How to Teach Critical Thinking Robert H. Ennis, email@example.com The actual teaching of critical thinking is a function of many situation-specific factors: teacher style, teacher interest, teacher knowledge and understanding, class size, cultural and community backgrounds and expectations, student expectations and backgrounds, colleagues’ expectations, recent local events, the amount of time available to teachers after they have done all the other things they have to do, and teacher grasp of critical thinking, to name some major factors. Underlying Strategies (The three underlying strategies are “Reflection, Reasons, Alternatives” (RRA): 1. 2. 3. Fundamental Strategies 4. 5. 6. 7. 8. 9. 10. 11. 12. Tactics 13. 14. 15. 16. 17. 18. 19. 20. Mid-level Strategies 21. SEBKUS: When doing appraisals and planning investigations and other actions, make full use of and try to expand your Sensitivity, Experience, Background Knowledge, and Understanding of the Situation.
The 27 Characteristics of A 21st Century Teacher "21st Century Educator" is probably the most popular buzzword in today's education. There is a growing and heated debate whether or not to label educators as 21st century and each camp has its own concept and arguments, however, for me personally I see teaching in 21st century as having undergone a paradigmatic shift. This is basically due to the emerging of the " social web" and the huge embrace of technology and particularly the mobile gadgetry in our classrooms. Having said that, we are sharing with you today this great infographic from Mia featuring the 27 ways to be 21st century teacher. courtesy of :
Five Tips for Improving Online Discussion Boards – Association for Psychological Science Online discussion boards are here, whether we like them or not. Whether we’re teaching completely online or adding online discussion to a face-to-face class, online discussion boards are increasingly becoming a staple of college courses. I’ve been teaching at the university level for more than 30 years; for half those 3 decades, I’ve been teaching, volitionally, online. I’ve probably hosted nearly 5,000 online discussion forums, and I’ve observed scores of other instructors’ online discussion boards at various institutions including high schools, 2-year colleges, liberal arts colleges, and 4-year universities. 1. Although few of us would ever consider teaching a face-to-face discussion section with 50, much less 100, students, many instructors supply only one discussion board for tens or even hundreds of students to use at once. I recently observed a colleague teaching an in-person lecture course of 100 students. Each student was required to post a comment or question, which they did.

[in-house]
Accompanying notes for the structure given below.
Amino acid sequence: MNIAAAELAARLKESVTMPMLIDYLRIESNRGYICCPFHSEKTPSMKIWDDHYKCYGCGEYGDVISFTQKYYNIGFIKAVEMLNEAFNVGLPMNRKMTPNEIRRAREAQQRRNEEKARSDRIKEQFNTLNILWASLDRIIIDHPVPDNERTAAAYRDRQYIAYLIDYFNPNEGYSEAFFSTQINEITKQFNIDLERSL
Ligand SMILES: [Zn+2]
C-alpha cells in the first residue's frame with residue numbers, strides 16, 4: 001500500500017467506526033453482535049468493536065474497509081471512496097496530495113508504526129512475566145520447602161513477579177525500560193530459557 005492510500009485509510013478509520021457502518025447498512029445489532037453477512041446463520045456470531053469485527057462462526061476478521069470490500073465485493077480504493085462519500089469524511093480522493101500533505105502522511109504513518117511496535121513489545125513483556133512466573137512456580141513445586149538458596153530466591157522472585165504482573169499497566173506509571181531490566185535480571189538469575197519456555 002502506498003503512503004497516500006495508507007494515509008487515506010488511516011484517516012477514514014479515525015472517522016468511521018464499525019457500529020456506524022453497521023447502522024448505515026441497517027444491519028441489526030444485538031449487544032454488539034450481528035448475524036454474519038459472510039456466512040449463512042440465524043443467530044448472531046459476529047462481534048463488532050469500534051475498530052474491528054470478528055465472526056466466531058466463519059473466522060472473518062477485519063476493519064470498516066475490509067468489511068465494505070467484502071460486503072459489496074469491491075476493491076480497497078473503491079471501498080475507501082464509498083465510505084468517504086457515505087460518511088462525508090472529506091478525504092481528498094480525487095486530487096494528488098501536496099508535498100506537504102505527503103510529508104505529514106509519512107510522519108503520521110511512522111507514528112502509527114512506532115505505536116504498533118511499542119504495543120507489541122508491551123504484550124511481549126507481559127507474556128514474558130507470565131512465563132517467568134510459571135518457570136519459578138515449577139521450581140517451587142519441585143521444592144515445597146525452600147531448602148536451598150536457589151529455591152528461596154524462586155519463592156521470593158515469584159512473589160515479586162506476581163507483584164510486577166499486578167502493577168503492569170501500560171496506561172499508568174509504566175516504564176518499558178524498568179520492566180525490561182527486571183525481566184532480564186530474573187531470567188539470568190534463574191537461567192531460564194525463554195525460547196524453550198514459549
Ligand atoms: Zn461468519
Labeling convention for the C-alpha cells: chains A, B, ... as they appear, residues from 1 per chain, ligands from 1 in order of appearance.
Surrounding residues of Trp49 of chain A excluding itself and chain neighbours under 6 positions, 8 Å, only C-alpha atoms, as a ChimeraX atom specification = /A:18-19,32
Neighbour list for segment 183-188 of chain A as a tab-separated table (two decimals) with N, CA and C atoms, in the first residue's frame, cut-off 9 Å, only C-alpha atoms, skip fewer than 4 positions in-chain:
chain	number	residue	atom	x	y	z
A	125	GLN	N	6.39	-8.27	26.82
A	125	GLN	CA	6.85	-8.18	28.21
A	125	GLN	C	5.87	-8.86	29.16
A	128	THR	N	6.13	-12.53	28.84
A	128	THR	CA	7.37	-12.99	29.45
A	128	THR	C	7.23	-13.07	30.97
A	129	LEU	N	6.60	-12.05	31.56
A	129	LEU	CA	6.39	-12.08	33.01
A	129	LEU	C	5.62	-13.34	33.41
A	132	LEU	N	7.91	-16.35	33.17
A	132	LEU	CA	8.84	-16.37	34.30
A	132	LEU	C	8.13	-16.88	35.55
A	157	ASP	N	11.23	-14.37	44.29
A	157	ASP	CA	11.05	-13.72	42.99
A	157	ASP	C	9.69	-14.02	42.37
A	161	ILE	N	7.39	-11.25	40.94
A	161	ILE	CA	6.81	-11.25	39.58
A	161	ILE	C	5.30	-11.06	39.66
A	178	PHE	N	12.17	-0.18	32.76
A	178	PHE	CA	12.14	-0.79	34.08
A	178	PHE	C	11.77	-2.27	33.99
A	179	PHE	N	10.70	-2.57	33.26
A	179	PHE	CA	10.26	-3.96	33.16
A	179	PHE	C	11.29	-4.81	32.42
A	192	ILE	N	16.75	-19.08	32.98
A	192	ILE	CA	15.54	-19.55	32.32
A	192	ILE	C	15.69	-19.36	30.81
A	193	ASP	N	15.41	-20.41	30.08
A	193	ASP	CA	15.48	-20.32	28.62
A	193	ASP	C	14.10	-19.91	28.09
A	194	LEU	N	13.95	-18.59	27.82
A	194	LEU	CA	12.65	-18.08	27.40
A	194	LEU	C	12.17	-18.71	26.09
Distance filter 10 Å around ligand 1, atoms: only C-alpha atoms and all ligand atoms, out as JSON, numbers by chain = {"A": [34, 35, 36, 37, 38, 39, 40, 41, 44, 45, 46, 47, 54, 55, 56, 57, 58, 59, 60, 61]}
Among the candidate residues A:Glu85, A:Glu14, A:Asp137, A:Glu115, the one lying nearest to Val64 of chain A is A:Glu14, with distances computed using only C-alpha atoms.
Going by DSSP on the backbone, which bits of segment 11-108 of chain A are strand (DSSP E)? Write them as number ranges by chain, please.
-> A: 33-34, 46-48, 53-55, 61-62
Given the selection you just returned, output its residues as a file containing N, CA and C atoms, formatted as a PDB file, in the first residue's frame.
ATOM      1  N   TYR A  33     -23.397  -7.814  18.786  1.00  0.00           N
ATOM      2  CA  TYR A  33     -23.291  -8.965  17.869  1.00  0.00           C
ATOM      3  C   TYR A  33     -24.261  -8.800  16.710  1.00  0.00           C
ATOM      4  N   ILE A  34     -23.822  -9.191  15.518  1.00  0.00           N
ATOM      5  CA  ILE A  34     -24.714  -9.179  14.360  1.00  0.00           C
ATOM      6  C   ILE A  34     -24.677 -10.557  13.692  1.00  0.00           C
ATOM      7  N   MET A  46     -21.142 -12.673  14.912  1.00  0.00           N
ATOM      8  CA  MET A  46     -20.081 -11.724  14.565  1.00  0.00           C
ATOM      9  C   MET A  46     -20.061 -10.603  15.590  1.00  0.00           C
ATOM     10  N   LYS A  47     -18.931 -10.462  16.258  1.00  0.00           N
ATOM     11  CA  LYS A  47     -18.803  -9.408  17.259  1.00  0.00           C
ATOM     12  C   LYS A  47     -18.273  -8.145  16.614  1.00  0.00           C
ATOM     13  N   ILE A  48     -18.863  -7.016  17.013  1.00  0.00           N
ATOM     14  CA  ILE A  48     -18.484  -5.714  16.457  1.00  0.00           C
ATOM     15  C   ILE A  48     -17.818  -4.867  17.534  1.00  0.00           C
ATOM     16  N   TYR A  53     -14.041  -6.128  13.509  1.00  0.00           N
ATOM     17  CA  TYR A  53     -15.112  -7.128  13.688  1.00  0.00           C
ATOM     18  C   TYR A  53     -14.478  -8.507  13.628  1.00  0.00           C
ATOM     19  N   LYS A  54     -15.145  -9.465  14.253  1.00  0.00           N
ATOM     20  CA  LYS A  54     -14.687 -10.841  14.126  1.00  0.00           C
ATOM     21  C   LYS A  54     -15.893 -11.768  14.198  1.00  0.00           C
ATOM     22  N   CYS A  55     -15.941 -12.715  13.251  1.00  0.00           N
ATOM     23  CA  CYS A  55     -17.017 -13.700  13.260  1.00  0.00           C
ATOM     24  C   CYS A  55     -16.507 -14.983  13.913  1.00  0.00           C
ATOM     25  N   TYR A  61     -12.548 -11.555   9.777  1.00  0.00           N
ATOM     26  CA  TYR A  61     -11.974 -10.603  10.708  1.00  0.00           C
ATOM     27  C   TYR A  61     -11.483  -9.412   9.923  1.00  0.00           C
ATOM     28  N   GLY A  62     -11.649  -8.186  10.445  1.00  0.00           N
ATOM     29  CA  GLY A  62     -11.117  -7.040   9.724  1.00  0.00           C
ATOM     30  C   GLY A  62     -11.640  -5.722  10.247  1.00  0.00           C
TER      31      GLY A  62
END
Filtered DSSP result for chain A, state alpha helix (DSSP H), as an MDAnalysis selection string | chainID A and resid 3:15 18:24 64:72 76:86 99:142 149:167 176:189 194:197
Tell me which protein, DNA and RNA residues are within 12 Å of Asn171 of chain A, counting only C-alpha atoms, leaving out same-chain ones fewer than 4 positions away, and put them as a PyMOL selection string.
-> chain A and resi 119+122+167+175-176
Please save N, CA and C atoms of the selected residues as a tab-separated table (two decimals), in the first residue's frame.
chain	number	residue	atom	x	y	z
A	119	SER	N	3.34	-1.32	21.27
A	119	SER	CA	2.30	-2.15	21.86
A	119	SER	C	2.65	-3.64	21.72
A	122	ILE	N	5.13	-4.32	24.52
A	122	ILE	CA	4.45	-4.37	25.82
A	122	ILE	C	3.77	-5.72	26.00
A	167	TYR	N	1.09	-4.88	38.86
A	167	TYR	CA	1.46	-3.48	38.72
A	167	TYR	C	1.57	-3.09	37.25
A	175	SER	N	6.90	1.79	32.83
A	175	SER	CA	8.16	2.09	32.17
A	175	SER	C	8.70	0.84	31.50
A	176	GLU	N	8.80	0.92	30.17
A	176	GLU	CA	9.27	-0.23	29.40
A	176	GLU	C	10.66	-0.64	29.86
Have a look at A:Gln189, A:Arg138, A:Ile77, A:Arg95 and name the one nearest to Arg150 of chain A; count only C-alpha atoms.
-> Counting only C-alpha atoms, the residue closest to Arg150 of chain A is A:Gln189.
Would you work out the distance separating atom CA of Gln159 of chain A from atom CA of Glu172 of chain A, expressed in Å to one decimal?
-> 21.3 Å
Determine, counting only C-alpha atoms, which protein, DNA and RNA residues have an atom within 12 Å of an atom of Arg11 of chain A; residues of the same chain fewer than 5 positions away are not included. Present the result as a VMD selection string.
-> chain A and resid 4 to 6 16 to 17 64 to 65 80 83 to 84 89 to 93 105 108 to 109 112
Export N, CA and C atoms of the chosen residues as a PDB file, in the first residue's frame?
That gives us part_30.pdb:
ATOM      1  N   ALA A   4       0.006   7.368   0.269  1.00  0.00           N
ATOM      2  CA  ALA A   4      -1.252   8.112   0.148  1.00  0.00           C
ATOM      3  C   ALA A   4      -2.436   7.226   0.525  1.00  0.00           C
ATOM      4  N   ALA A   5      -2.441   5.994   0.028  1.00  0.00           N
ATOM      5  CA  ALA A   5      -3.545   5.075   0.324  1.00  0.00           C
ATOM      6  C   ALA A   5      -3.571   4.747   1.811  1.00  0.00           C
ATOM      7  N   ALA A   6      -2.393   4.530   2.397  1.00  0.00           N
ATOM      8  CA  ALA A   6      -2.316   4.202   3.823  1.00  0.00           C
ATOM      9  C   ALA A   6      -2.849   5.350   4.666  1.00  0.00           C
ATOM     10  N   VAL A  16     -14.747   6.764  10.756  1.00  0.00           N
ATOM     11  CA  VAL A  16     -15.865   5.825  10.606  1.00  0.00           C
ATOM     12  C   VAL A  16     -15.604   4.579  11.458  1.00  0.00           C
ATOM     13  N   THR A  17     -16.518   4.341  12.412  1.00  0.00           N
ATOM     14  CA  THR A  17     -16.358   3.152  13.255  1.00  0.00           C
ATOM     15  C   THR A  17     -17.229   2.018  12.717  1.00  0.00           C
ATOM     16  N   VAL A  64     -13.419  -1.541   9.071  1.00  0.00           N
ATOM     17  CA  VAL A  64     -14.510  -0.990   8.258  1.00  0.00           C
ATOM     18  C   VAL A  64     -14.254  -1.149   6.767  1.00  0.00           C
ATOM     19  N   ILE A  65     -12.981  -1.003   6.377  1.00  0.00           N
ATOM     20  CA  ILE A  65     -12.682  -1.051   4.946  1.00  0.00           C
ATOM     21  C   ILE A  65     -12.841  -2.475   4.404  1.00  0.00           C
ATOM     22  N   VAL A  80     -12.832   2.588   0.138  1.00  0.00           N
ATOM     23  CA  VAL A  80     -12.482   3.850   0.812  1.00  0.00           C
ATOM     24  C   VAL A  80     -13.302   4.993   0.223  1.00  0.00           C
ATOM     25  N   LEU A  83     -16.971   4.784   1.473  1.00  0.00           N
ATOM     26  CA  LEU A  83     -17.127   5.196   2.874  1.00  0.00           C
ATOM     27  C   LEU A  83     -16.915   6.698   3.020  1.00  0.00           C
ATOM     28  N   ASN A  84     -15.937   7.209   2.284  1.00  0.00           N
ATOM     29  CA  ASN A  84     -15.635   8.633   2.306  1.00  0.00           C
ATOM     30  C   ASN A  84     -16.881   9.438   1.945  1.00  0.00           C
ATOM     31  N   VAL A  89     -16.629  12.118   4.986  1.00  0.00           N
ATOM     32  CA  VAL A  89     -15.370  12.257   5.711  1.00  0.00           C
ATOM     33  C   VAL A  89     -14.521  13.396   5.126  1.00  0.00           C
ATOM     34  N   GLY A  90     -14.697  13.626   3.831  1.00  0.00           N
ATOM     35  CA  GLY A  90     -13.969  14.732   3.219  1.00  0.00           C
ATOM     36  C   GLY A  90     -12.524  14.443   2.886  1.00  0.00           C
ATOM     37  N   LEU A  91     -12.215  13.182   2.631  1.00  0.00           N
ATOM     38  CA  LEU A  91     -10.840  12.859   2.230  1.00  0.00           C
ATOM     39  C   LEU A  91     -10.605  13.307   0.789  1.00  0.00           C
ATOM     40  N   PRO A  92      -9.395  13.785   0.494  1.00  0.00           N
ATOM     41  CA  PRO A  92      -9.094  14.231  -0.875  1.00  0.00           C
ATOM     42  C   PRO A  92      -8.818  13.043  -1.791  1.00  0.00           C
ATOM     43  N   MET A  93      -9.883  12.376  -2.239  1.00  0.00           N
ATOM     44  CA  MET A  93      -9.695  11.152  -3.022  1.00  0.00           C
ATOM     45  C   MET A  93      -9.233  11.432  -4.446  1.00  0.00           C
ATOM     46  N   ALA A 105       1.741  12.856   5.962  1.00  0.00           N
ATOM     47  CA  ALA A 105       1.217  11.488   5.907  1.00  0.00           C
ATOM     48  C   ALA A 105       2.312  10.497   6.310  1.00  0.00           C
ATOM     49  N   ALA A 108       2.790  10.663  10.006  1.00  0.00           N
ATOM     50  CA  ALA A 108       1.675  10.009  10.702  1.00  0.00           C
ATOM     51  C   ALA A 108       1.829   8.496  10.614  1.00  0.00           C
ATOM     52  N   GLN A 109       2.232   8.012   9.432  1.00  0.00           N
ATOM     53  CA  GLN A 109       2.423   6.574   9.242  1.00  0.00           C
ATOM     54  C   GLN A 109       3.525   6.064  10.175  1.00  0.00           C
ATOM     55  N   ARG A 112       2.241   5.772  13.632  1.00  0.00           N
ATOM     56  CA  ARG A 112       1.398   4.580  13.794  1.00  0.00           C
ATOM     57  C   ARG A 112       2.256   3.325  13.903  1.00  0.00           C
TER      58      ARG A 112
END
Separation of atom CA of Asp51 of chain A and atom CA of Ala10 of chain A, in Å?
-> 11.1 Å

Educational Leadership:Effective Grading Practices:Thought Experiments in the Classroom Robert J. Marzano Teachers can use this four-phase approach to guide students through a challenging but fruitful process. Thought experiments are a natural part of human cognition. We engage in a thought experiment when we watch the Super Bowl and try to imagine what the winning players will do during the locker room celebration or when we try to imagine how we'll go about telling our spouse that we spent more money than the budget allows on a new computer. Thought experiments have a rich history in the development of knowledge.1 For example, Einstein used a thought experiment when he imagined himself running to catch up with a beam of light. Why Thought Experiments? The most straightforward use of thought experiments in the classroom is to examine causal and correlational relationships in academic content. Correlational relationships involve two (or more) events that vary in predictable patterns but don't have a direct causal relationship. Guiding Students Through the Process Endnotes
How to get Smarter: A guide to critical thinking, cognitive biases, and logical fallacies | Life Lessons Welcome to the first of a ten part series: How to get smarter: A guide to critical thinking, cognitive biases, and logical fallacies. In this series we’ll be going deep into critical thinking, cognitive biases, logical fallacies, and so much more. In this article I’ll introduce you to five of the most important core principles (and biggest hindrances) to critical thinking and higher intelligence: Intellectual lazinessIntellectual honestyIntellectual dishonestyWillful ignoranceSelf-deception What is Critical Thinking and why is it so important? “The beginning of wisdom is the definition of terms.” – Socrates Before we begin: What is critical thinking, cognitive biases, and logical fallacies? Let’s start with some definitions: Critical thinking: “Critical thinking is the objective analysis of facts to form a judgment.” en.wikipedia.org Logical fallacy: “A logical fallacy is an error in reasoning that renders an argument invalid.” www.thoughtco.com In other words we’re learning: Here’s why: 50. 49.